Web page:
One of the key points about a program, which sometimes gets forgotten, is that it is a finite activity with a clear end point. This end point in the case of a project may be a set of deliverables being created and implemented, and in the case of a program is usually a set of projects that lead to some set of benefits being realised or some desired outcomes achieved. The timescale of the program may be relatively short, but it can stretch to many years. Whatever the length of time, in a good program everyone involved knows what that end point is.
Critically it is the focus on the end point is that drives the program forward. The focus on end point differentiates the mind-set of a project or program manager from an operational manager. I know some brilliant operational managers – their daily focus is quite different from mine.
One habit I often find in organizations is the desire to ring fence a pool of resources to work on some undefined, but vaguely bounded area of work. Program management exists to achieve goals, benefits and outcomes – it is not a mechanism just to ring fence resources. Now of course to do a program you have to allocate some resources, but that is a requirement of the program, not the purpose of the program. Forget this and you risk the ever-lasting programs which are inefficient and achieve limited benefits.
The 20xx enhancement program
The classic case in point is the enhancement program. This is common in portfolios of IT programs. Look down the prioritized list of projects and sooner or later you will find something called something like the “2014 billing systems enhancement program”. This was often preceded by the “2013 billing systems enhancement program” and is likely to be followed by the imaginatively titled “2015 billing systems enhancement program”.
The reason these programs arise is usually because there is a real need to do some enhancement work on the system, but no one is quite sure what that is yet – or to be frank often no one can be bothered to properly scope and justify the work in the first place. This then combines with a desire to ring fence resources, as if this is not done the work will struggle to find the resources required later in the year. The annual budgeting process reinforces the habit. Every year someone has to build a budget. Creating buckets of money at the start of the year, aligned to groups of resources, eases the life of the budget holder when it comes to developing and justifying spend. Breaking a big pot of money into several smaller pots of money gives the appearance of science to the budgeting process.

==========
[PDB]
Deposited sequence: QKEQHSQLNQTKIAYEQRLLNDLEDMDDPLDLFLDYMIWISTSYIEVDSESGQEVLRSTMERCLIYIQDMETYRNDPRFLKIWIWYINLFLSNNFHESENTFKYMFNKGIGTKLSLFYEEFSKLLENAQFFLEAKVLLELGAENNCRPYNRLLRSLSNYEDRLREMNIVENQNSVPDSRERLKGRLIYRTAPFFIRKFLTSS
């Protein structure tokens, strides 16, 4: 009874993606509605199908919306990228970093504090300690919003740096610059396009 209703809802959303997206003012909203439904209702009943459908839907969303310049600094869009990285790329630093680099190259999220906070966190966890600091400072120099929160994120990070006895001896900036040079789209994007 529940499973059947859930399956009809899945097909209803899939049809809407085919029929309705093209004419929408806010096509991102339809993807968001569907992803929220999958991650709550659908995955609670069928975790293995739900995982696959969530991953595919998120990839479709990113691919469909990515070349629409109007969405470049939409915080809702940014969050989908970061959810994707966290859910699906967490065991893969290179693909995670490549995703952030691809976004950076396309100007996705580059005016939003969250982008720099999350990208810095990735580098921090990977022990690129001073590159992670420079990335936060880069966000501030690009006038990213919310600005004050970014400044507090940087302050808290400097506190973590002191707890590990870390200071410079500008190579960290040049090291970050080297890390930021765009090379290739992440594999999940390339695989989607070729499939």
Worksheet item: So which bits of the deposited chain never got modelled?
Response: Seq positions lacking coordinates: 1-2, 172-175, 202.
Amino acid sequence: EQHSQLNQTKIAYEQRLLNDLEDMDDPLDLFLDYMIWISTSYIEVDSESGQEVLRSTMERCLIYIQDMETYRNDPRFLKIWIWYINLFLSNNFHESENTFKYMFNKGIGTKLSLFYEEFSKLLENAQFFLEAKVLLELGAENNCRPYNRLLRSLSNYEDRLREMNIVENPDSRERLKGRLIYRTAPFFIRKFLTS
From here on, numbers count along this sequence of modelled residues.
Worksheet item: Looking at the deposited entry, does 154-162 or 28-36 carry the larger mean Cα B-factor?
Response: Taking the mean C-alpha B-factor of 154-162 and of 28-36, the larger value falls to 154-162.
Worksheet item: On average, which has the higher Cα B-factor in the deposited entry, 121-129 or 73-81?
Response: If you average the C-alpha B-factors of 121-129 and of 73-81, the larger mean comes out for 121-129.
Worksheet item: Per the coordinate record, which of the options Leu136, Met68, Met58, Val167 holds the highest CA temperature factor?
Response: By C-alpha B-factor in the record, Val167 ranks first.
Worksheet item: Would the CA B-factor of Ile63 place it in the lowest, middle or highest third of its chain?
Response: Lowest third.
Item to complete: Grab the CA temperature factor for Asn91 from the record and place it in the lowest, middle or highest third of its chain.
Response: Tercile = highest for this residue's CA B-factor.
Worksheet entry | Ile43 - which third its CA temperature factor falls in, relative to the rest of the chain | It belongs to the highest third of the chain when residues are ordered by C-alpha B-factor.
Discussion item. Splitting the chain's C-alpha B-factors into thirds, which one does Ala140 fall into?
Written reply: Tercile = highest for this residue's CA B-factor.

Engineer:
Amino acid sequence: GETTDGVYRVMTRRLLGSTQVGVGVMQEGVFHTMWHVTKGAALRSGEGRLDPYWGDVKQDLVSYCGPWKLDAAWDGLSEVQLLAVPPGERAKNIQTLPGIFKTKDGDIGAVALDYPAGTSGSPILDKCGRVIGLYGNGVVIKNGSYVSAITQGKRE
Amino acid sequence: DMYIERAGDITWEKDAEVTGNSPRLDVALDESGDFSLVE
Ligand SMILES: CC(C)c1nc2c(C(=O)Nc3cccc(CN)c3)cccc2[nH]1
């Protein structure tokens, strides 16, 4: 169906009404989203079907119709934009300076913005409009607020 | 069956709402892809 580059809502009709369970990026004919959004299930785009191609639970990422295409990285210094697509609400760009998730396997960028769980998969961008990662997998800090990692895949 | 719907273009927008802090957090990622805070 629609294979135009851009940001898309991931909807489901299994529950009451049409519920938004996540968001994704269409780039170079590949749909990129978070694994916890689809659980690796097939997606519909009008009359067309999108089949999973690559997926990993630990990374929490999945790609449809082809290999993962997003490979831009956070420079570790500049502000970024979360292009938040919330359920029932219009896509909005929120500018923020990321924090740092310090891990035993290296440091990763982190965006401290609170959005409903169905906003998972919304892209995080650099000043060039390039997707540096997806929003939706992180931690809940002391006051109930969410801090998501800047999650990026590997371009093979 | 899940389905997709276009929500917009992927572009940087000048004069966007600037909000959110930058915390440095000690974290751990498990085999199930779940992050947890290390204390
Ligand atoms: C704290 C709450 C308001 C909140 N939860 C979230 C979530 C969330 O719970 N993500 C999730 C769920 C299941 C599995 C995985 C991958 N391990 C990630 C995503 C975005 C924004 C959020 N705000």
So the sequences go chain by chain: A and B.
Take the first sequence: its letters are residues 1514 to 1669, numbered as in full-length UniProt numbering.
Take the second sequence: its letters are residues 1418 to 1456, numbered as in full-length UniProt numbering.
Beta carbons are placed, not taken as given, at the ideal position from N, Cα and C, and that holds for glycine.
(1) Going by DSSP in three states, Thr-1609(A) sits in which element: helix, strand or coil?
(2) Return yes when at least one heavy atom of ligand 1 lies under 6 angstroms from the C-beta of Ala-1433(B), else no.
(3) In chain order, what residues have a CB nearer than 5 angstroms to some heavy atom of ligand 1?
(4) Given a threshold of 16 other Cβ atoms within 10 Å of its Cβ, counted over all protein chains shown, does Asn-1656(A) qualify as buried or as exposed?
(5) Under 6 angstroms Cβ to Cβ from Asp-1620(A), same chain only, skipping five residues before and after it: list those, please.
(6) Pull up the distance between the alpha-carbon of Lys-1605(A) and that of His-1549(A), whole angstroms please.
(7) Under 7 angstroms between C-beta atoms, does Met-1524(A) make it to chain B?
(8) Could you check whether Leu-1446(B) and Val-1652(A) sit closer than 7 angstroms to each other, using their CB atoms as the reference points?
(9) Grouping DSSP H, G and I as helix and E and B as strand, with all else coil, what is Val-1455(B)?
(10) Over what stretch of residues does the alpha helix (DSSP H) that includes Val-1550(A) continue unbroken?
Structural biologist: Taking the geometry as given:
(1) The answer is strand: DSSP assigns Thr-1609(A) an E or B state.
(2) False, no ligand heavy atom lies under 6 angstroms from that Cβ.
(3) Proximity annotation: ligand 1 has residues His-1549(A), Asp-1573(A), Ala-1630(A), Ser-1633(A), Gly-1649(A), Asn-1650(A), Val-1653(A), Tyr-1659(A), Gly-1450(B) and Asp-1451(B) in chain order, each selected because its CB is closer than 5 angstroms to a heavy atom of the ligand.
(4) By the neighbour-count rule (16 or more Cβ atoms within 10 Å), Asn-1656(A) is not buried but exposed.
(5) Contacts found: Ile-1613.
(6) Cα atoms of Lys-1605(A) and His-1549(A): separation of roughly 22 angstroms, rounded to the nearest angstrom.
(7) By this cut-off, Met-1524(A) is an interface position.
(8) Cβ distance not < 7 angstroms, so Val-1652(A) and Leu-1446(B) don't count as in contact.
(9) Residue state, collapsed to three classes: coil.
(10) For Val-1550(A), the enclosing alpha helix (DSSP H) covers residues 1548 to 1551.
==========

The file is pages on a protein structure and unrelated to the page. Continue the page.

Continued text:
Four reasons to reject the 20xx enhancement program
I don’t dislike these programs because they achieve nothing, often they do achieve some important things for the organization involved. The reasons I don’t like them are:
- Inefficiency: usually, because no one has bothered to go through the rigour of scoping the work properly, of prioritizing the activities and of planning it out, they are inefficient ways of delivering the work.
- Scope creep: whilst the bucket as a whole may be important, by making it a bucket all sorts of less important enhancements creep into the work. Resources working on the less critical aspects of the bucket of work would be better allocated to other activities. These buckets are notorious for scope creep.
- Architectural/complexity risk: the systems that have constant enhancement programs often become unnecessarily complex and harder to maintain – reinforcing the need for an even bigger enhancement program next year.
- Wrong incentives: carry on too long with the 20xx enhancement programs and they become a self-justifying stream of work that is difficult to stop. Everyone involved is incentivised to keep it going to justify their roles in the organization. Such programs send the wrong signals and develop the wrong management behaviour.
Go back to basics: scope and objectives
If you have a whole series of enhancements that you want to bundle into a program then go ahead and do it. But please scope the work properly, give it some clear objectives and make sure the work has a clear end point. Otherwise you will lose many of the benefits that good project and program management bring.
Richard Newton is an author, speaker, program manager and consultant. Amongst his books are The Project Management Book. He maintains a blog and writes regular articles at www.changinghats.co.uk.